Sunday, October 02, 2005

What price friendship?

We were delighted when our friend told us that she'd finally split from her boyfriend. When we first met him he seemed great - he was the life and soul of the party and loved a laugh. We spent some mad nights out together, drinking and generally having a blast. When it became evident that it wasn't all it seemed, however, things changed. It transpired that the happy facade masked a bitter, abusive man. He was in debt to the tune of thousands of pounds and spent his evenings coaching our friend through loan application after loan application, as his own credit rating was stretched beyond repair. Nothing was ever good enough for him, and there was an altogether darker side that only came to light when she left him the first time. She spent that weekend in my flat, crying and telling horror stories about how life was with him. By the Sunday afternoon she had secured a place in a women's refuge and had organised emergency school transport for her fourteen year old son. Sadly it was the same old story, and by Monday evening she was back at home with him, "making a go of it". At this point we began to draw away from the situation but it was hard. I've known her for over ten years. She took me in when a relationship of mine ended. We've spent many nights in each other's company and I consider her a close friend of mine. But where is the line drawn? At what point do you leave someone to their own devices? Once you've exhausted every line of reasoning? Once you're convinced that they simply won't, or can't, listen to the truth? And is that your truth or the objective truth? In this case she eventually found the strength to leave. Admittedly the catalyst was a beating which culminated in him stamping on her ribs with a booted foot, before spitting in her face and heading off for a restful night's sleep. So she packed a bag and finally got out. The negotiations since then have been protracted and have occasionally involved myself of the Other Half - me in the role of shoulder to cry on and him in the role of six-foot taker-of-no-shit in an abortive attempt to recover some of her belongings from their shared flat. As things stand currently he has no idea where she lives, although he shows up in her local pub every so often. She is working two jobs and is comforted by the knowledge that her son is forging a new and stable life with her parents. They are in regular contact and she is hopeful for his future, and for their future relationship. Her abusive relationship will, hopefully, be consigned to that ever-growing pile we all tuck away and label "experience". It wasn't her first violent relationship - she escaped to a refuge when her son was small after his father became increasingly unstable and the beatings became ever more frequent and vicious. But I hope it will be her last, and I thought that finally she could find some peace. With all this in mind, we were cautiously pleased to hear on Friday night that she's met someone new. He's lovely, we're assured. Genuinely a happy, caring person, with no sign of a violent or bitter streak. She's sure we'll love him when we meet him and she thinks he might be "the one".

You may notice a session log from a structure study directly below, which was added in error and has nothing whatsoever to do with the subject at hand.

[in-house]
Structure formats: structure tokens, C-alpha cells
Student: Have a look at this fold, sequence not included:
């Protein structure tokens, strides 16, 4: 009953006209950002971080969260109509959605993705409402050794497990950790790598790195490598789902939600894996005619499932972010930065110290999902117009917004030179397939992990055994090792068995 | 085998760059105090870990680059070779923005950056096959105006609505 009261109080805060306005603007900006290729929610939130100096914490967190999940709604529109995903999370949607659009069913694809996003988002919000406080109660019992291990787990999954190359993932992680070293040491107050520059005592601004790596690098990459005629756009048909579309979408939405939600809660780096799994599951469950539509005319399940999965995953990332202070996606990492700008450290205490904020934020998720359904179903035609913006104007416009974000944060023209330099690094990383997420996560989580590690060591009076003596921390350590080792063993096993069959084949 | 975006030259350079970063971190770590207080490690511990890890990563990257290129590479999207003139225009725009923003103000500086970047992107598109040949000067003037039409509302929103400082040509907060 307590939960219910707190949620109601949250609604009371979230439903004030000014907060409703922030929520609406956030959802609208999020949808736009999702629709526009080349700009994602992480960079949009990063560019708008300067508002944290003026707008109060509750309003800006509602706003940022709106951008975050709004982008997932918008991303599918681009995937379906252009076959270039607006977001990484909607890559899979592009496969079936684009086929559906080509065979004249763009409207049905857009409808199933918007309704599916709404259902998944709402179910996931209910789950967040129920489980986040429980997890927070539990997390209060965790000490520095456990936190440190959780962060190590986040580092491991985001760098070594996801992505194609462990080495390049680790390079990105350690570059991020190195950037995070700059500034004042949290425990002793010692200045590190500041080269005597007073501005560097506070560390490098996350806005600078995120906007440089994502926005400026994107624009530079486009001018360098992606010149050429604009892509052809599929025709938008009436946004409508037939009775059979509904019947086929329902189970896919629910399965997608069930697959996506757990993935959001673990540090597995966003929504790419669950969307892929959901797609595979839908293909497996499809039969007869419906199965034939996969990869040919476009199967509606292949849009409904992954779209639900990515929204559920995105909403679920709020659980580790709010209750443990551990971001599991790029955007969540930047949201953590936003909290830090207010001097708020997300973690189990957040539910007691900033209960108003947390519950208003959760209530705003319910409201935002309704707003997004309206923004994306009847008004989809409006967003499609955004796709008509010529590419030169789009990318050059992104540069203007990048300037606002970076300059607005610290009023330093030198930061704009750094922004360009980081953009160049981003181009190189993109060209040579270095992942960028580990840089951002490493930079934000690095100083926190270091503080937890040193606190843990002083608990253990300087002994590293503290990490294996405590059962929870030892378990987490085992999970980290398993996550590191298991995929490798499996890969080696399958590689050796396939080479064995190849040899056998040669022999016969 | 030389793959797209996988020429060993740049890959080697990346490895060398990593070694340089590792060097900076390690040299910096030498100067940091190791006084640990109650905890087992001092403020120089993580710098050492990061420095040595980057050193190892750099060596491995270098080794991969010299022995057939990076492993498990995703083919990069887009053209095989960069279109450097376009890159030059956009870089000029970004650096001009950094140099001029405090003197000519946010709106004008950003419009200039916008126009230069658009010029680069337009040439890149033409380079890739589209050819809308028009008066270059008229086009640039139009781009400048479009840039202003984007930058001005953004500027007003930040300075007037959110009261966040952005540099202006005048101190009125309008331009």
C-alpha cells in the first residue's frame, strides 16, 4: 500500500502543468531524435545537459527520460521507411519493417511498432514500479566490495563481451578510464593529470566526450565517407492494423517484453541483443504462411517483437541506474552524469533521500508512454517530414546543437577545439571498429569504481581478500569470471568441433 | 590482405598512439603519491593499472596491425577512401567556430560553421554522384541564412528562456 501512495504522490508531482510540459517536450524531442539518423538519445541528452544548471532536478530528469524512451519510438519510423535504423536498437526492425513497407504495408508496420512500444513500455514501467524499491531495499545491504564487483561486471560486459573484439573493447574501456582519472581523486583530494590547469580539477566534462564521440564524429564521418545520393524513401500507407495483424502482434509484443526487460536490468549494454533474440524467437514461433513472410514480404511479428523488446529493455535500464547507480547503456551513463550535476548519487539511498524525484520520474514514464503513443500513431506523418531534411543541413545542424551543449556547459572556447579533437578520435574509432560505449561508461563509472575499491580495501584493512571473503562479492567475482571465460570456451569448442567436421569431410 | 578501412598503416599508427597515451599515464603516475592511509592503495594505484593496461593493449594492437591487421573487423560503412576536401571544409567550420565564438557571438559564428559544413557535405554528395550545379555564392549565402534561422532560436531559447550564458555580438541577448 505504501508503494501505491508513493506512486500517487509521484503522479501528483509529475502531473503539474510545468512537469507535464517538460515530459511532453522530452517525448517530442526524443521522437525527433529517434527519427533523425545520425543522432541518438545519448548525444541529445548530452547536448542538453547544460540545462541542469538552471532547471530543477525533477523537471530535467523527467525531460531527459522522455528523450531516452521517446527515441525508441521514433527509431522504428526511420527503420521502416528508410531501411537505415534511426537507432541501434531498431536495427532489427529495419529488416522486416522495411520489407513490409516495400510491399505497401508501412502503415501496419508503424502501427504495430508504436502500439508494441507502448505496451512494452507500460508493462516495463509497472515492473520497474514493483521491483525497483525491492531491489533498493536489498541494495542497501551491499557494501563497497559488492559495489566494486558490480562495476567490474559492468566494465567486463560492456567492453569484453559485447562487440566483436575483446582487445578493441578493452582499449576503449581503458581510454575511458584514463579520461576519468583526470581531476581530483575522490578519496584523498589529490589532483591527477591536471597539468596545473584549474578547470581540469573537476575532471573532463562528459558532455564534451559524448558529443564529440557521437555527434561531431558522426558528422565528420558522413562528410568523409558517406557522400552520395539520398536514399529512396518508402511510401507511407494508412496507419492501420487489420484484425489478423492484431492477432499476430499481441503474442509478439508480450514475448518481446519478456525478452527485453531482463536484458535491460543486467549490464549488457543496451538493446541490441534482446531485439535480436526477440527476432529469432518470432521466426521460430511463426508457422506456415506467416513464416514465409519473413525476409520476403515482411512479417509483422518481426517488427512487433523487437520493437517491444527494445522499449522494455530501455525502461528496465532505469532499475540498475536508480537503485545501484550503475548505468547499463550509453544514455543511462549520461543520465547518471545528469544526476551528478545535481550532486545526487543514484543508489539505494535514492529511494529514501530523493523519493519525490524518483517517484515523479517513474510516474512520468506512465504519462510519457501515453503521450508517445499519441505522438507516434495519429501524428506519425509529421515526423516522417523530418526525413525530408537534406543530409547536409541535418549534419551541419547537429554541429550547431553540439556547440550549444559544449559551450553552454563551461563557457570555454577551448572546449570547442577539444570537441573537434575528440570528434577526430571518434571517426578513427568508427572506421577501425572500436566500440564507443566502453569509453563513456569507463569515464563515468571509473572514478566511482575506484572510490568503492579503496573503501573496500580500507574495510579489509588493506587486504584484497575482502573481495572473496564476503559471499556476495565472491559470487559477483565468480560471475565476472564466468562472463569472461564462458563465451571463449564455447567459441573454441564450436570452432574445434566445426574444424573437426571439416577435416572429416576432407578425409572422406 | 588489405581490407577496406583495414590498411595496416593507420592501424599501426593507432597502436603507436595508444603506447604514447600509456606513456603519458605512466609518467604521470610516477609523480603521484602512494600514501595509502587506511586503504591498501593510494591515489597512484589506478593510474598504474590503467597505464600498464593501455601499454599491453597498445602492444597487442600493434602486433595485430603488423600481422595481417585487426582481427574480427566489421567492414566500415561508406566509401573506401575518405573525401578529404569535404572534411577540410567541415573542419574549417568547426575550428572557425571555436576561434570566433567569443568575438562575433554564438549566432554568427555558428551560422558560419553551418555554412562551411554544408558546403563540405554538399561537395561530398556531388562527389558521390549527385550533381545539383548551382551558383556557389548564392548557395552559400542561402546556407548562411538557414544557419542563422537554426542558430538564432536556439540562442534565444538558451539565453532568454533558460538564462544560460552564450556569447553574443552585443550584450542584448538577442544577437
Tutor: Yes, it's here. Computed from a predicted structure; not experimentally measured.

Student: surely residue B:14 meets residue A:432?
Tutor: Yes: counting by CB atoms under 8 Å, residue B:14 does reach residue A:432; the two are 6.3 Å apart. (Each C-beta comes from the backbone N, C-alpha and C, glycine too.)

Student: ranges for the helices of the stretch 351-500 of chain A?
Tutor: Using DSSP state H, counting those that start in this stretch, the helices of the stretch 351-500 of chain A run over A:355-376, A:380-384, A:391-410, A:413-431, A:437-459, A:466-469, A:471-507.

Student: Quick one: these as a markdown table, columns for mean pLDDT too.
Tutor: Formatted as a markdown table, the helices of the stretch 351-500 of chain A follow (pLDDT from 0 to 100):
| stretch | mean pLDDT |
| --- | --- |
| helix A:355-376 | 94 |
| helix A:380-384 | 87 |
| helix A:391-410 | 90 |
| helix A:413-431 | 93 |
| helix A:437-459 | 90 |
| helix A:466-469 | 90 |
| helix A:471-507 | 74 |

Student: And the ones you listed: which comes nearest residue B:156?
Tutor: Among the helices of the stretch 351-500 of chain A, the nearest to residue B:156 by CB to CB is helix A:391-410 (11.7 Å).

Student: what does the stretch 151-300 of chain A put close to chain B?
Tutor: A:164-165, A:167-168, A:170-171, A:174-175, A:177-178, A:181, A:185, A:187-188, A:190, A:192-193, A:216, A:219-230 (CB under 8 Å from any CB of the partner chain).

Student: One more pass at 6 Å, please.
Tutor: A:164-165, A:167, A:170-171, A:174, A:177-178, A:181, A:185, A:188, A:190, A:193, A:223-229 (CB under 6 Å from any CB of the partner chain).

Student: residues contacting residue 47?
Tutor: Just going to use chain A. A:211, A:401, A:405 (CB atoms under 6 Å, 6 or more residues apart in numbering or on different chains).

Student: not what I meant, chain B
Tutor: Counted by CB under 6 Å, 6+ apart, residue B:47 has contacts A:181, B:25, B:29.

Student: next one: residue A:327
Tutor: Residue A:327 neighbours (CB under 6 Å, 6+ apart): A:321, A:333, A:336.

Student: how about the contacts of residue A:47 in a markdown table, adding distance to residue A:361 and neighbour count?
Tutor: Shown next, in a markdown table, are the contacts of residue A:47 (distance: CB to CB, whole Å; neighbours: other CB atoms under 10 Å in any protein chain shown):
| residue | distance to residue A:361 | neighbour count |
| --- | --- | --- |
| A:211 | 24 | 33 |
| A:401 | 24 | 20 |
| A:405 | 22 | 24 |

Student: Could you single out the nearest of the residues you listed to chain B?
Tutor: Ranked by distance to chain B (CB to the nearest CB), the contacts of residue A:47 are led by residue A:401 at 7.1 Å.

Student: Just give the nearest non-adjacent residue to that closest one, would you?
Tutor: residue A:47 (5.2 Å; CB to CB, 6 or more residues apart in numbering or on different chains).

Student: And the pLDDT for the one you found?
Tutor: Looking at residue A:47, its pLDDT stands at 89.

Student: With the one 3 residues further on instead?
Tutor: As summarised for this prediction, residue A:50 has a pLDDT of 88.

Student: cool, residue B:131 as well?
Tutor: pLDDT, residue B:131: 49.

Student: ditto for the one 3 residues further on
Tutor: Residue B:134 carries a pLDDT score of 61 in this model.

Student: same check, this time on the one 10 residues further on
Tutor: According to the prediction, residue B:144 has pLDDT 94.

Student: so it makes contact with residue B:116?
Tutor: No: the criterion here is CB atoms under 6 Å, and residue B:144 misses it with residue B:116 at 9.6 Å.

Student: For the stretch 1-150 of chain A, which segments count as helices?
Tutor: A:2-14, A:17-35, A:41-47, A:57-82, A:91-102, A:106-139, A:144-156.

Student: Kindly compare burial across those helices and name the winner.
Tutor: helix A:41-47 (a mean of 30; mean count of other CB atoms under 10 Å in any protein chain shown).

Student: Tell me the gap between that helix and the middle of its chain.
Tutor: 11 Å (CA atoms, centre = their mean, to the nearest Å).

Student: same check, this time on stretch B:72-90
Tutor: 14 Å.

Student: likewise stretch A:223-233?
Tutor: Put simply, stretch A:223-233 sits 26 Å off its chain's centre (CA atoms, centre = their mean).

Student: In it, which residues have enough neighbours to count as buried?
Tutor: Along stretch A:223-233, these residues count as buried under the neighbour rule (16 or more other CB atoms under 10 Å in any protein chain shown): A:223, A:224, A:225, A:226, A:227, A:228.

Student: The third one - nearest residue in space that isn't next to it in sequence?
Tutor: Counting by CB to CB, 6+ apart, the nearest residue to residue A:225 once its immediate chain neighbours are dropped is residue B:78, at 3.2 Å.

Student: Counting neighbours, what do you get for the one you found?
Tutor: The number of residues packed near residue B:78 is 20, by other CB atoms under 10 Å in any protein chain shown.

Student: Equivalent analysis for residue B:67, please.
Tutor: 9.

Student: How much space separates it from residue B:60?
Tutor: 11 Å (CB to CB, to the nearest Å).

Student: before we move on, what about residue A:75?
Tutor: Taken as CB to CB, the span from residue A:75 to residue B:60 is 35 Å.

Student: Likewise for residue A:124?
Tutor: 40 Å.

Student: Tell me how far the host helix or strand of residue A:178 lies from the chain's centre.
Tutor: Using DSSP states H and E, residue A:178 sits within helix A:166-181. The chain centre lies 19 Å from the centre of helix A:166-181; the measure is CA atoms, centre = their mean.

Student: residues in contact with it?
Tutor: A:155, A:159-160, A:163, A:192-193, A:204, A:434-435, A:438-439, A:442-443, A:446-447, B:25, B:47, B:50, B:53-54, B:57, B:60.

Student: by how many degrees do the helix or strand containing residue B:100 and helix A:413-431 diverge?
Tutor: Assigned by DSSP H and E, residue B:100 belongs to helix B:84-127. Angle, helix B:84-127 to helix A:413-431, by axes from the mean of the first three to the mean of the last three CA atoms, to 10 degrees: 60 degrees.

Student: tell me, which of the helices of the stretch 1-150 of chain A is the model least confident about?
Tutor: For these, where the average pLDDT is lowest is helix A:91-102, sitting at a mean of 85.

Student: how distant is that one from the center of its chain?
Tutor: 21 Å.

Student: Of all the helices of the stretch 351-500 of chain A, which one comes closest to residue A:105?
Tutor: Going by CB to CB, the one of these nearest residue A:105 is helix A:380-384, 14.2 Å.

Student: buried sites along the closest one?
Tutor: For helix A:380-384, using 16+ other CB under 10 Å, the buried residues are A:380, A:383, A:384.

Except we won't be meeting him any time soon as he's currently on the run, having broken the parole conditions that granted him early release from a seven year sentence for murder. So I'll ask you again: at what point do you give up on someone and entrust them to their fate?

In other news, Small Person had an eye test today and did so well that she won a brand-new pair of funky pink glasses. She is desperately excited and can't wait to get them next weekend. Her father was quick to point out that my defective genes are to blame but I contented myself with the knowledge that at least she's also inherited my intelligence, sense of humour and the ability to tell when she needs a wash.

16 Comments:

Blogger Jonniker chimed in with...

Oh..oh..ohmigod, really. I don't even know what to say about your friend situation, except that it honest and truly sounds like a bad movie. I'm so sorry.

(however, three cheers for funky pink glasses!)

02 October, 2005 21:19  
Blogger spindleshanks chimed in with...

i went through a series of relationships that were very bad for me including one with someone leading a double life - he was engaged to someone i didn't know about when i got pregnant with first born - and then someone who became quite abusive. i kept going back to both of them for a while always on that "it'll never happen again" promise. it always did. i had a friend - i still do - who despite knowing pretty much from the start they were both losers and would do me no good, stood by and was my shoulder and my rock. i don't know i would have got away from the abusive one without her. i don't know how she did it and i don't know if i would be so patient and enduring but i'm eternally grateful that she was there.

02 October, 2005 21:43  
Blogger Kyahgirl chimed in with...

You're a good friend sg. I hope your friend appreciates that.
As a Mom you always have to be careful too of how much violence you want brushing up to the life you lead with small people. Its a tough call.
Your friend would probably not get into these bad relationships if she had the self esteem to realize she was worthy of something better. Its so easy to say, I know, but hard to do. I spent 13 years in a rotten marriage until finally breaking away. Not until I'd spent a ton of energy on all the hard things you need to do to develop self esteem.

I wish your friend luck sg, and you too. I hope you don't have to give up on this friendship but it could come to that.

hugs,
Laura

02 October, 2005 22:06  
Blogger Kyahgirl chimed in with...

oh, and I must add...other half is quite exceptional too. There is nothing like having a solid 6 foot, 'take no bullshit' kind of friend around when things are scary. Now if he could just do something about your spiders in the tub! :-)